NEW YORK — The measles outbreak tied to Disneyland continued to spread anxiety Friday as two new cases emerged overnight in Marin County in California — along with at least one in Nebraska — while Arizona officials warned that at least 1,000 people may have been exposed to the virus through seven others in that state.
Since Jan. 1, the federal Centers for Disease Control and Prevention have confirmed 84 measles cases in 14 states. California’s health department, which is updating a measles count more frequently, has linked more than 90 cases in the United States and Mexico to the Disneyland outbreak.
Concern about the highly contagious disease intensified Friday in several states, including Minnesota, where health officials are notifying hundreds of people who may have come into contact with a University of Minnesota student with measles.
There was also anxiety in Arizona, where thousands of people are arriving in Phoenix for the Super Bowl on Sunday. The disease centers are advising anyone with symptoms not to attend the game.
“The very large outbreaks we’ve seen around the world often started with a small number of cases,” said Dr. Anne Schuchat, director of the agency’s National Center for Immunization and Respiratory Diseases.
Officials in three counties in the Phoenix area — Maricopa, Gila, and Pinal — have asked residents who have not been vaccinated and who might have been exposed to stay home from school, work, or day care for 21 days. Schools in some other states are considering more formal bans on unvaccinated children.
Each case so far has spawned an exhaustive public health response.
News sites in Pennsylvania and other states are alerting readers when measles-infected individuals have visited local establishments, an effort to warn residents of exposure. And in places like New Mexico, where the number of unvaccinated children increased 17 percent from 2012 to 2014, health officials are warning that the disease could soon hit.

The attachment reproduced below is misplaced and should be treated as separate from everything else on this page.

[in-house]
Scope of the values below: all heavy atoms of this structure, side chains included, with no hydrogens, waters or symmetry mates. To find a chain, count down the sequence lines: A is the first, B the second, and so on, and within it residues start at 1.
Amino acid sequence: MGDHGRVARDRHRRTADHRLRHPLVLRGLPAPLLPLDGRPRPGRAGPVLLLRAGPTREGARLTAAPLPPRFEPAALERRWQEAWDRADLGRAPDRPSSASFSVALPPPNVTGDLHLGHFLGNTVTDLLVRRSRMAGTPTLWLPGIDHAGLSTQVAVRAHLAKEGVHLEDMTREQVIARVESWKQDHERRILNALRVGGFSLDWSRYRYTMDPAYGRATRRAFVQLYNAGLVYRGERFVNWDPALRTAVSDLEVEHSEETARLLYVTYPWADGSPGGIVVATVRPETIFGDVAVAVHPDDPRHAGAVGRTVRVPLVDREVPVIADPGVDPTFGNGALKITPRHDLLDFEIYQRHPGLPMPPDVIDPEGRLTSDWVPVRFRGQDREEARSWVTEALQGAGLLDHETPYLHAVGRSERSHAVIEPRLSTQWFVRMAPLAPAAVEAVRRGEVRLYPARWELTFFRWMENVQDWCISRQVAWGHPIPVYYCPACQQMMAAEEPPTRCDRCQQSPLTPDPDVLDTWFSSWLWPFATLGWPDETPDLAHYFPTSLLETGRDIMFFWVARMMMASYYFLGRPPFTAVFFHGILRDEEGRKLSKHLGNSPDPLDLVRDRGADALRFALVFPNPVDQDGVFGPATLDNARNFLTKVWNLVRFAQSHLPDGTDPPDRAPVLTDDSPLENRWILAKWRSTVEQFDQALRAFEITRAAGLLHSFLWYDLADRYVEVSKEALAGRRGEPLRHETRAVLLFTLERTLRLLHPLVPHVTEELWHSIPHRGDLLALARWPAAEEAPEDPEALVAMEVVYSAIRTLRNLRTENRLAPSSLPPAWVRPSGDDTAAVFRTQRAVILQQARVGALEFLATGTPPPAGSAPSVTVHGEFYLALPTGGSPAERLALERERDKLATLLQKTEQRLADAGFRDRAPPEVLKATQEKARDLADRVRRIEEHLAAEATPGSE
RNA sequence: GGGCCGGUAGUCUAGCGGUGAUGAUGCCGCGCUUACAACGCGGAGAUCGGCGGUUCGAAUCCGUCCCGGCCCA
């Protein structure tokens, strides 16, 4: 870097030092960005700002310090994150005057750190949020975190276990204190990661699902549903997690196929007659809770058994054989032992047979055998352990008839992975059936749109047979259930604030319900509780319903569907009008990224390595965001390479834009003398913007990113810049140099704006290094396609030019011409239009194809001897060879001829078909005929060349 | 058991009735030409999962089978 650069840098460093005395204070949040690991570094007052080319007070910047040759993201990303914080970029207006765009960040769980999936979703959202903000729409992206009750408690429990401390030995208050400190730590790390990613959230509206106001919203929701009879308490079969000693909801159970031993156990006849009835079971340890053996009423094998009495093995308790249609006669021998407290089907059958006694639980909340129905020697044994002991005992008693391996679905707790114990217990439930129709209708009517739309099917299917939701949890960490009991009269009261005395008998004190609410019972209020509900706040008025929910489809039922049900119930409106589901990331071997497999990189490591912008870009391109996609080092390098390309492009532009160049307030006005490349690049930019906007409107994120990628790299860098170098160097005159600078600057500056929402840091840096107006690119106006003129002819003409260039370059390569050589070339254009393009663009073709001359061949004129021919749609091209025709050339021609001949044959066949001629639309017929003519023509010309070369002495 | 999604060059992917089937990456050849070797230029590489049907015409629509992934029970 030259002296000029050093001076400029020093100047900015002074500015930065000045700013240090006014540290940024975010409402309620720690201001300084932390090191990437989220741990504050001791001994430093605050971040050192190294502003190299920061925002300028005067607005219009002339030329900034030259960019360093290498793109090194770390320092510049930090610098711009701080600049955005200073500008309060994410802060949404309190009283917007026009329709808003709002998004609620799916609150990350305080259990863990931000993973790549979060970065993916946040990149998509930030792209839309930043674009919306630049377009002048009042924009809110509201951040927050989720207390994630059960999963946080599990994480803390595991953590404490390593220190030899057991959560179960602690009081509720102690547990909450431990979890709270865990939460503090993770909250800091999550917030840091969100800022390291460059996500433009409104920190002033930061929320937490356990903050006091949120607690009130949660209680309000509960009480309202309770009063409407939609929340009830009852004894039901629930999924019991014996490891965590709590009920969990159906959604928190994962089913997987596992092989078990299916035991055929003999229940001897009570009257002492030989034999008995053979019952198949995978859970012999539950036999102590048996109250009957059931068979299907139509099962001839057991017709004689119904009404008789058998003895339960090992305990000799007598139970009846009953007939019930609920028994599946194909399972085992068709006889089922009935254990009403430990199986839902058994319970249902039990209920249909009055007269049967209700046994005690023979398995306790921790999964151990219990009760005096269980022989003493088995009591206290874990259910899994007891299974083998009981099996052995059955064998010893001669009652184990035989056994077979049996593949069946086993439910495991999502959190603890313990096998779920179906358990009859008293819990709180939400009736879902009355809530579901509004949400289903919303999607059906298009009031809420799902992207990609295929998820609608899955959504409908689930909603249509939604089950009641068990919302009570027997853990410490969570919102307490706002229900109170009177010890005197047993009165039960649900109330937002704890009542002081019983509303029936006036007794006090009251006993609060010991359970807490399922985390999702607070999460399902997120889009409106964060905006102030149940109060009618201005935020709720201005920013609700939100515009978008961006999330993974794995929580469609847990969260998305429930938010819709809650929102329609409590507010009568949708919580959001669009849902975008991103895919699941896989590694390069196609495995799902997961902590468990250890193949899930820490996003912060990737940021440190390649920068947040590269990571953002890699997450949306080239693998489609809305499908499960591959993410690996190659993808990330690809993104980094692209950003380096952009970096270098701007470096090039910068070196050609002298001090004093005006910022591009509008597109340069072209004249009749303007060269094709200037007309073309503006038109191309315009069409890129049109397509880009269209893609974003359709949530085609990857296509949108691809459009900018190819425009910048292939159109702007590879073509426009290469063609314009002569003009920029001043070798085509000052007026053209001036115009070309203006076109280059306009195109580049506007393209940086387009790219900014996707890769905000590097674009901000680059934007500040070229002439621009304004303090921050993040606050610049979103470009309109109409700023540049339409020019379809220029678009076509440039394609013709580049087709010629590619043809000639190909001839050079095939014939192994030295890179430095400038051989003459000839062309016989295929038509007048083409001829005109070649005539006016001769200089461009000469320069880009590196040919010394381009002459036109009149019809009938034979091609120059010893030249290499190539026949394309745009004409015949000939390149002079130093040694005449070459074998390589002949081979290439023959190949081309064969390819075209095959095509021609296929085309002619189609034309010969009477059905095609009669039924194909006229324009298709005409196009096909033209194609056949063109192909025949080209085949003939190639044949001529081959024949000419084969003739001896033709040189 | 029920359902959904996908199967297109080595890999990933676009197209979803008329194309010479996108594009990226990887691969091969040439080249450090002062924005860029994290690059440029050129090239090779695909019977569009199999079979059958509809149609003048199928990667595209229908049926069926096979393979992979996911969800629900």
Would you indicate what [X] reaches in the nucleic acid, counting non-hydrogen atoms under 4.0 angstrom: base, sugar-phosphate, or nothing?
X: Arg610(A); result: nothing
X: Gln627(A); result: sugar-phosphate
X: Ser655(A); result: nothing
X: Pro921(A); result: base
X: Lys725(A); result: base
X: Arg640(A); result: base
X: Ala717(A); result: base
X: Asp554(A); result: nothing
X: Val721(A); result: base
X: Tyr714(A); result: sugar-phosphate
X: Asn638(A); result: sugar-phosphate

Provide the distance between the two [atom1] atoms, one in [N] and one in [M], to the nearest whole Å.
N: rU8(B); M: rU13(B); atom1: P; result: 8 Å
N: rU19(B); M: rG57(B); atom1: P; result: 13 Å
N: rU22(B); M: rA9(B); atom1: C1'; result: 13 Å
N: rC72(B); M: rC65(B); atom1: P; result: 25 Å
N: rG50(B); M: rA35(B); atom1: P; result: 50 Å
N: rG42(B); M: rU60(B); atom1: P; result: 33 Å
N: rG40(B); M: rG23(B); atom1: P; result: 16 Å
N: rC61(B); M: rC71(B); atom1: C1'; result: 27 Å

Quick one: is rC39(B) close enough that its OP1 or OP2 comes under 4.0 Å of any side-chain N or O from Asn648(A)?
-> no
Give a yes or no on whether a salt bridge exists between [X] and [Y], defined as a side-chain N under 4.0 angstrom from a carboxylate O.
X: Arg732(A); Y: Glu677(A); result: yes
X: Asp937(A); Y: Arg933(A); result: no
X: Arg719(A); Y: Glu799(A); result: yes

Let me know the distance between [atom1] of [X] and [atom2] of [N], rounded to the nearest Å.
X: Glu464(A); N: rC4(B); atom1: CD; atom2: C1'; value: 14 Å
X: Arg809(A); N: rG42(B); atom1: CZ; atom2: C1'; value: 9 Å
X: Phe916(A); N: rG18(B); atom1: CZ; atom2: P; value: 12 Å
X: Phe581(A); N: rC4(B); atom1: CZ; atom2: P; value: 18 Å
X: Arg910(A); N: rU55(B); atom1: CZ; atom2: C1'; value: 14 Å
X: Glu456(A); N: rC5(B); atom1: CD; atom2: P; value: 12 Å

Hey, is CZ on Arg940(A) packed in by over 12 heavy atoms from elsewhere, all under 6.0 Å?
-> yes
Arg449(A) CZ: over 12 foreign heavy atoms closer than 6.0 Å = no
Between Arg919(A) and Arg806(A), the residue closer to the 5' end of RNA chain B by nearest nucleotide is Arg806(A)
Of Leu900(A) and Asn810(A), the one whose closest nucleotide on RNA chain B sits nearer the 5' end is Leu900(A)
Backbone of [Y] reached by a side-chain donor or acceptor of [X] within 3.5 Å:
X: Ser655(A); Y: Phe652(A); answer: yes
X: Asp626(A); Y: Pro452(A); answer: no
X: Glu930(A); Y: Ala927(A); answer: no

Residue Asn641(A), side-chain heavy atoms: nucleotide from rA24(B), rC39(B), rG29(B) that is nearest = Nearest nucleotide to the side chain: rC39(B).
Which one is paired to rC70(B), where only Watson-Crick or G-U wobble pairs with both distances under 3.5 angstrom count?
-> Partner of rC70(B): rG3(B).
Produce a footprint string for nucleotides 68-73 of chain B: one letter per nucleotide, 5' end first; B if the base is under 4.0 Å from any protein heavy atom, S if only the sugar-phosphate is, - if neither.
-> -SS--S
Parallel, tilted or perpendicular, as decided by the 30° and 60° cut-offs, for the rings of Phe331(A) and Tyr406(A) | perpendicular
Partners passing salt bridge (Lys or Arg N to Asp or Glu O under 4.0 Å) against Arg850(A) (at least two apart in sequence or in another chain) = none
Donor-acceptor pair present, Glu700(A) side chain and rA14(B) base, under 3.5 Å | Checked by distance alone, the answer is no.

In Minneapolis, the Minnesota Department of Health said Friday that it is working with the University of Minnesota to manage the case of measles diagnosed in a 20-year-old male university student.
It has notified other students who may have been exposed, along with health officials at the hospital where he sought treatment.
Dr. Edward Ehlinger, Minnesota’s commissioner of health, emphasized that the potential risk to the general public is very low, but said people should take precautions to protect themselves and their children. In particular, he called on parents to make sure their children have been properly immunized.
In Nebraska, Leah Bucco-White, a spokeswoman for the Department of Health and Human Services, said Friday that officials had confirmed two cases of measles in children in the eastern part of the state.
The first case is related to the Disneyland outbreak, Bucco-White said, but the origin of the second case was unclear.